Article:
by Doug Schneider
August 08, 2003
Janet Doherty has a life many people would envy. As a biological technician with the National Park Service, she spends her days in a small open boat in Alaska's Glacier Bay National Park. There she keeps watch on humpback whales as they swim, feed and sometimes leap into the air. With at least 60 whales identified in the park this summer, Doherty says the whale watching has been especially good.
Doherty said, "We've had what we think is probably going to be a record number of whales in Glacier Bay. Every time we go out it just seems like we're surrounded by blows and animals. It's really neat."
Humpback whales come to Glacier Bay's deep, icy-cold waters to feed on schools of small fish. Species like juvenile pollock, herring, sand lance and capelin are the humpback's favorite catch of the day. Doherty says there's a lot of whales in the park because there's a lot of food for them eat.
"It seems like we've got a pulse going on the past few weeks. A lot of the whales that we see spread out over the summer are all here at once. It probably has something to do with the fact that there are a lot of fish here right now and they are drawn to this area because of that," said Doherty.
But it's not just whales that come to Glacier Bay. Dozens of cruise ships bring tens of thousands of tourists each summer to see the park's majestic tidewater glaciers, pristine fjords, and of course humpback whales. Between the whales, the cruise ships and other vessels in the park, the place can get pretty crowded. It's Janet Doherty's job to make sure the whales have plenty of room.
Doherty said, "What I'm doing for the Park Service is monitoring the whale population, who's around, how many are there, where are they? The way we do that is we go up to the whale and take a location, latitude and longitude off a GPS, and then we also take photographs to identify it as an individual."
Occasionally, when there are too many whales and vessels in close proximity, park officials impose course and speed restrictions on vessels to minimize their disturbance to feeding whales.
When she's not keeping watch on Glacier Bay's whales, Janet Doherty is a graduate student at the University of Alaska Fairbanks School of Fisheries and Ocean Sciences. As a budding scientist, she's doing another important job in Glacier Bay. That job is to study humpback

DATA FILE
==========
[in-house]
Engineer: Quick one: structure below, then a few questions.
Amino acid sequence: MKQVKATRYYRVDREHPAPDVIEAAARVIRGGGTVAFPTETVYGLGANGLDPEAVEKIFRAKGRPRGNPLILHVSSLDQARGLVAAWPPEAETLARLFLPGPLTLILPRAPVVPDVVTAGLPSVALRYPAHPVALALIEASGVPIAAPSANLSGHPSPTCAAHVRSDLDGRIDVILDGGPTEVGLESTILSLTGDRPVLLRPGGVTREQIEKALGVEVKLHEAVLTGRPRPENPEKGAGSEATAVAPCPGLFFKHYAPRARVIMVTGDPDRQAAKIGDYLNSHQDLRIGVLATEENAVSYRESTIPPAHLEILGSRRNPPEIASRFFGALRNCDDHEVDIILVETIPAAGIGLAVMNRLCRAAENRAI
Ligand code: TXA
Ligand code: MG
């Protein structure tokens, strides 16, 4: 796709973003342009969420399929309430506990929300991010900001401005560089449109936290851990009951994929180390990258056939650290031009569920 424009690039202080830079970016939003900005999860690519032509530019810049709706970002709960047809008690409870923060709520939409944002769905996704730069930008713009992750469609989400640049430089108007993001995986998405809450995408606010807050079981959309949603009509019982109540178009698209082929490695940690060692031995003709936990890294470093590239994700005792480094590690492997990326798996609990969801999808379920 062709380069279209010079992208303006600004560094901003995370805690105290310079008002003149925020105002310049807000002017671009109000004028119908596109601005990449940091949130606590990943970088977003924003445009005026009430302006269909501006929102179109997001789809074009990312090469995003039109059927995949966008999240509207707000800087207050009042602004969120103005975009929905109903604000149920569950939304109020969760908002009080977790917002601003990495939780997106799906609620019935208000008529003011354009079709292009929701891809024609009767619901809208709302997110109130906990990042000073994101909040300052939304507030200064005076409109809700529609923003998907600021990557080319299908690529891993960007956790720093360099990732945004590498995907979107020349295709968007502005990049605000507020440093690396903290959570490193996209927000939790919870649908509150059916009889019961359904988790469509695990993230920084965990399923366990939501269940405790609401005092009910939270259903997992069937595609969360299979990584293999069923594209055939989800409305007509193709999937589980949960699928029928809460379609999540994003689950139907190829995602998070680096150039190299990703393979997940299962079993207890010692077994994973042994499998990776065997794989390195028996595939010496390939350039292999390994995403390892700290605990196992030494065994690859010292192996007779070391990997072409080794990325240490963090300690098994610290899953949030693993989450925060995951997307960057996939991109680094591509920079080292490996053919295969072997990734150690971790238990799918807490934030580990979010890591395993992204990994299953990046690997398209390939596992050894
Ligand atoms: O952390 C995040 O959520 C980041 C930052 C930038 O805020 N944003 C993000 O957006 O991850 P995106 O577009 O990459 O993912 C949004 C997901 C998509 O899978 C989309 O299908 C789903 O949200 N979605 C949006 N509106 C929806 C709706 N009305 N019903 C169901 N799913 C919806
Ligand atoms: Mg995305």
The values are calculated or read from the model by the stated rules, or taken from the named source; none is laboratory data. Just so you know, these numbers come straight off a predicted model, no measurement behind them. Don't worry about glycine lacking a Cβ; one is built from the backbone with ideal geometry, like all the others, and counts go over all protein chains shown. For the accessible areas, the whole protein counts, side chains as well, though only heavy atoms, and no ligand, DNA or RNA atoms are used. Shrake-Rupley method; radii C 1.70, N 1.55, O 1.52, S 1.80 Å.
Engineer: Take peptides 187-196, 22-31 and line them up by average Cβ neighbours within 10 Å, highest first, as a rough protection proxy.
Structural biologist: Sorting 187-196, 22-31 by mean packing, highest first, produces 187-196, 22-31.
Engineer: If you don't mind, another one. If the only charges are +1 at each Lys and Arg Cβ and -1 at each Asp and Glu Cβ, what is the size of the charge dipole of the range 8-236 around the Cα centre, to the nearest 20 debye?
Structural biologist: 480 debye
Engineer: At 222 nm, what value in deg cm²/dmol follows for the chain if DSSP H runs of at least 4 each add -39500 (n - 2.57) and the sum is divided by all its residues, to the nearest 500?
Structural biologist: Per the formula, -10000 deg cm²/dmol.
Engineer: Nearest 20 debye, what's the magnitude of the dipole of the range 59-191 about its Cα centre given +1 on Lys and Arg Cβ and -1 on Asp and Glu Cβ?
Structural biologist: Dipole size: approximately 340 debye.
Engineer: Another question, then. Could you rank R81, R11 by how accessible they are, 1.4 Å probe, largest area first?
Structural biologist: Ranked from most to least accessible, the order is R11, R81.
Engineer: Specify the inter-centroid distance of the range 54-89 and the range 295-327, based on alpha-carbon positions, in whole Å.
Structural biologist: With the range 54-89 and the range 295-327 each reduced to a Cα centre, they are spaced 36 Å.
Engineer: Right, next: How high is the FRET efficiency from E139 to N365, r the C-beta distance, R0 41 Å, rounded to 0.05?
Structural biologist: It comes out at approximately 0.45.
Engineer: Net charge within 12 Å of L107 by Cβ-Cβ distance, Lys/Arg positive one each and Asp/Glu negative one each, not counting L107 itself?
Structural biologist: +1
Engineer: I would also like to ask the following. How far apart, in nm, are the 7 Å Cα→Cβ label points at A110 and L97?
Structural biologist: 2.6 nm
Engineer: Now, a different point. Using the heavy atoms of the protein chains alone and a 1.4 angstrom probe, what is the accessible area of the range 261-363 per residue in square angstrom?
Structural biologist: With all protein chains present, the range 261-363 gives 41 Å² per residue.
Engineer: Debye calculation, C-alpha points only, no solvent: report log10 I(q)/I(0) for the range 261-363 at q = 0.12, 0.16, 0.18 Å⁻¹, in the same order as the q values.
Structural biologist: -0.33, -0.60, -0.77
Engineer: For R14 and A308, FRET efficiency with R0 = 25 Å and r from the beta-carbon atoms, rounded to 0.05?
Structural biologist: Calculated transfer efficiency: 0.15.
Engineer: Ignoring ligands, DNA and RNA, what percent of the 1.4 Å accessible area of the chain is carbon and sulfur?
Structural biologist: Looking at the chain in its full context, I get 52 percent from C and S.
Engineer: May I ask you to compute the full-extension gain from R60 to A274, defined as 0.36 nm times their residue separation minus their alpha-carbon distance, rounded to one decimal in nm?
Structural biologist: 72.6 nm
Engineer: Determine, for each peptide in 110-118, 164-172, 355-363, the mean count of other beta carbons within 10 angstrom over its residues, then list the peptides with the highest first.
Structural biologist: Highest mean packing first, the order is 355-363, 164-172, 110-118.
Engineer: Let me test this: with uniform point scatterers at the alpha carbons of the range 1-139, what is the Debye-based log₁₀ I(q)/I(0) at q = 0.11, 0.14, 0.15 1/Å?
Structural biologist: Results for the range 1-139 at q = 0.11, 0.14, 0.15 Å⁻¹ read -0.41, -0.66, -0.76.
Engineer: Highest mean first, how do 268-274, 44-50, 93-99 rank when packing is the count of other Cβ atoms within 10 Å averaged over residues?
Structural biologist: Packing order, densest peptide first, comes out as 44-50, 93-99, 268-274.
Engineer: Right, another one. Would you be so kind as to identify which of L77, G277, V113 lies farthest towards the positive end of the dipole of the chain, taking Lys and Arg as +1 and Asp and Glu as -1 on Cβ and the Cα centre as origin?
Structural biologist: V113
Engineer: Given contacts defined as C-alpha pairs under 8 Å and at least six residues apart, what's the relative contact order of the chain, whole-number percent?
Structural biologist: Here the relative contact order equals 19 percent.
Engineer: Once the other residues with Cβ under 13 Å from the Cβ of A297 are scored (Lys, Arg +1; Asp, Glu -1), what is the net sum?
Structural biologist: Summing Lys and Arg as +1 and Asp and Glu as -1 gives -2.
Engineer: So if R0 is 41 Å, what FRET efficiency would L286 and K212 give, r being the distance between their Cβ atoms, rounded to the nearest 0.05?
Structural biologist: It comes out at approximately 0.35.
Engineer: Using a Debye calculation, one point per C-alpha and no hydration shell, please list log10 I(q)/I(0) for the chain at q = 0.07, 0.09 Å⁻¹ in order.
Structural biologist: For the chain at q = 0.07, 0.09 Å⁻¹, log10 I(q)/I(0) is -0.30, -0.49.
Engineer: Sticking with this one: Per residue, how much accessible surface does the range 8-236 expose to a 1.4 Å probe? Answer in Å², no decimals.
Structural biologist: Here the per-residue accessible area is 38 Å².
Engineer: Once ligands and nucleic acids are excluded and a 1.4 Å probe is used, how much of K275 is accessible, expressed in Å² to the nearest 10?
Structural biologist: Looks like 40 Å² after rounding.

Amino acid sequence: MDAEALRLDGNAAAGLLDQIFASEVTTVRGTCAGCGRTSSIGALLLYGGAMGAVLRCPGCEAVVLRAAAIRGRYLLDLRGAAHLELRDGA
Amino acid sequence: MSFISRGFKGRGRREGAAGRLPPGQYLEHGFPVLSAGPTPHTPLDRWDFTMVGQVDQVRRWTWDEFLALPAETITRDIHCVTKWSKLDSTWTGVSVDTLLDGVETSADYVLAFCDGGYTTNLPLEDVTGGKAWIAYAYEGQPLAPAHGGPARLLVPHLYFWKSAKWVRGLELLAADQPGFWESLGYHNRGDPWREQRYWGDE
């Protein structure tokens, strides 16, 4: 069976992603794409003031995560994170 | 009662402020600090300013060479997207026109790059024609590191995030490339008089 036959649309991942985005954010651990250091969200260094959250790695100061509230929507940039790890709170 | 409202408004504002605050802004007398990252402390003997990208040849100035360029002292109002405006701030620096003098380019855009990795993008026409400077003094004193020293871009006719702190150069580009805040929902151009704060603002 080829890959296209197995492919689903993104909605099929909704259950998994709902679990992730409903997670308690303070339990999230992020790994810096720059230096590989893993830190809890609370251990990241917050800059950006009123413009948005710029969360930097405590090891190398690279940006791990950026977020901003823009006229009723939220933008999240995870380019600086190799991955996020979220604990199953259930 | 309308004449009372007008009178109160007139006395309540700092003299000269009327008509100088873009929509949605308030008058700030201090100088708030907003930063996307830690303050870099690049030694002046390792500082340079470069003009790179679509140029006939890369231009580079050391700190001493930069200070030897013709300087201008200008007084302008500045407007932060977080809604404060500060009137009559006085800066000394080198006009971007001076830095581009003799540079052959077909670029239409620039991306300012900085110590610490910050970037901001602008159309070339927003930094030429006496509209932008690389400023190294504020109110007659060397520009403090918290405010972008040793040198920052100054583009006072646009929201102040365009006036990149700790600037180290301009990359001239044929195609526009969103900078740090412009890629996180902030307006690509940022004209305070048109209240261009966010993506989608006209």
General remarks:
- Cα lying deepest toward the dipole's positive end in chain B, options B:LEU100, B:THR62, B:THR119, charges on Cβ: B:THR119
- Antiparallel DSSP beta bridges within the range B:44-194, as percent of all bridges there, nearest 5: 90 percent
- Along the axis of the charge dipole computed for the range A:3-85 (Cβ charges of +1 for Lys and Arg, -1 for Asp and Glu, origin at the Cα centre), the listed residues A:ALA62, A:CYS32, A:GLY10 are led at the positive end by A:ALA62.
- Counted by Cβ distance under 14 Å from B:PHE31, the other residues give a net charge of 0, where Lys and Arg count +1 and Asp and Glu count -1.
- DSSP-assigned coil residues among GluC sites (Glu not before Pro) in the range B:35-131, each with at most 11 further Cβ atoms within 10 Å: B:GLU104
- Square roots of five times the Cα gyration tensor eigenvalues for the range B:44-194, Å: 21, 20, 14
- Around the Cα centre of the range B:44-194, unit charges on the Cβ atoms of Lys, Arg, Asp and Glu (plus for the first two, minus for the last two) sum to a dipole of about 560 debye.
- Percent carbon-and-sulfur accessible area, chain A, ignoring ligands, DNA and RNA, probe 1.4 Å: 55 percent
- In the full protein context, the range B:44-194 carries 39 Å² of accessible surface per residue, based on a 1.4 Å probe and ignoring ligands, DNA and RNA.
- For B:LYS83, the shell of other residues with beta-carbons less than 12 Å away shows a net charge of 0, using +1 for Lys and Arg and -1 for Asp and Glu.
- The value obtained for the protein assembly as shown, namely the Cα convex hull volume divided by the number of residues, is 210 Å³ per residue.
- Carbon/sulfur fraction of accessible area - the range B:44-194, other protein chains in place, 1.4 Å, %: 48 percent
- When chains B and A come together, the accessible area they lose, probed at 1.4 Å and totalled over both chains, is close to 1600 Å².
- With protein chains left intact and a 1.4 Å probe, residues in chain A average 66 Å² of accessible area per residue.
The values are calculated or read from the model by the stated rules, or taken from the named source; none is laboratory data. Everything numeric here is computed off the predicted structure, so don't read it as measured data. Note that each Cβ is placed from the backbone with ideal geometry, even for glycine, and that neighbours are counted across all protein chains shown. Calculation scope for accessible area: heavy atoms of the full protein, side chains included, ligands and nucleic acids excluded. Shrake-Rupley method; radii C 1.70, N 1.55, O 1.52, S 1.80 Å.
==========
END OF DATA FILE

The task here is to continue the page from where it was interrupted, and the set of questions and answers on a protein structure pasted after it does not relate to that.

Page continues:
Doherty said, "What I'm doing for my master's degree up there at UAF is looking at humpback whale entanglement in fishing gear. I'm trying to assess how frequently that's happening by looking at scarring patterns on the bodies of humpback whales, mostly around the tail stock, where the tail joins the body. That's a narrow area, a bottleneck, where when they do get wrapped up in gear, the gear gets wrapped around that part of the body. And when the gear is freed it usually leaves injuries, and those injuries scar up. Those scars are distinct and last for many years. They don't look natural. They look like binding marks and wrap marks. So if you take photos of that part of the body you can determine what portion of the population has had interactions with fishing gear. So I'm trying to get some baseline data on how much of an issue that is in Southeast Alaska."
Doherty's university study extends beyond the park boundaries to include nearby Icy Strait and waters as far south as Sitka and Petersburg, about 125 miles away. Doherty says that about ten reports come in each year of humpback whales caught in fishing gear, with most of those reports coming from Southeast Alaska. But since the region is so vast and remote, Doherty says the number of entangled whales is probably higher. In other parts of the country, such as the Gulf of Maine, for example, scientists there found that about half the humpback whales appeared to have scars left by fishing gear.
Doherty says most whales eventually free themselves from the fishing gear, but not before the lines leave gashes in their hide.
Come October and November, Glacier Bay's humpback whales will begin migrating south to calving grounds off Hawaii. Janet Doherty will resume her study next summer, when the whales return. She says she'll then be on the lookout for whales arriving back in Alaska sporting fresh signs of having been entangled in fishing gear.
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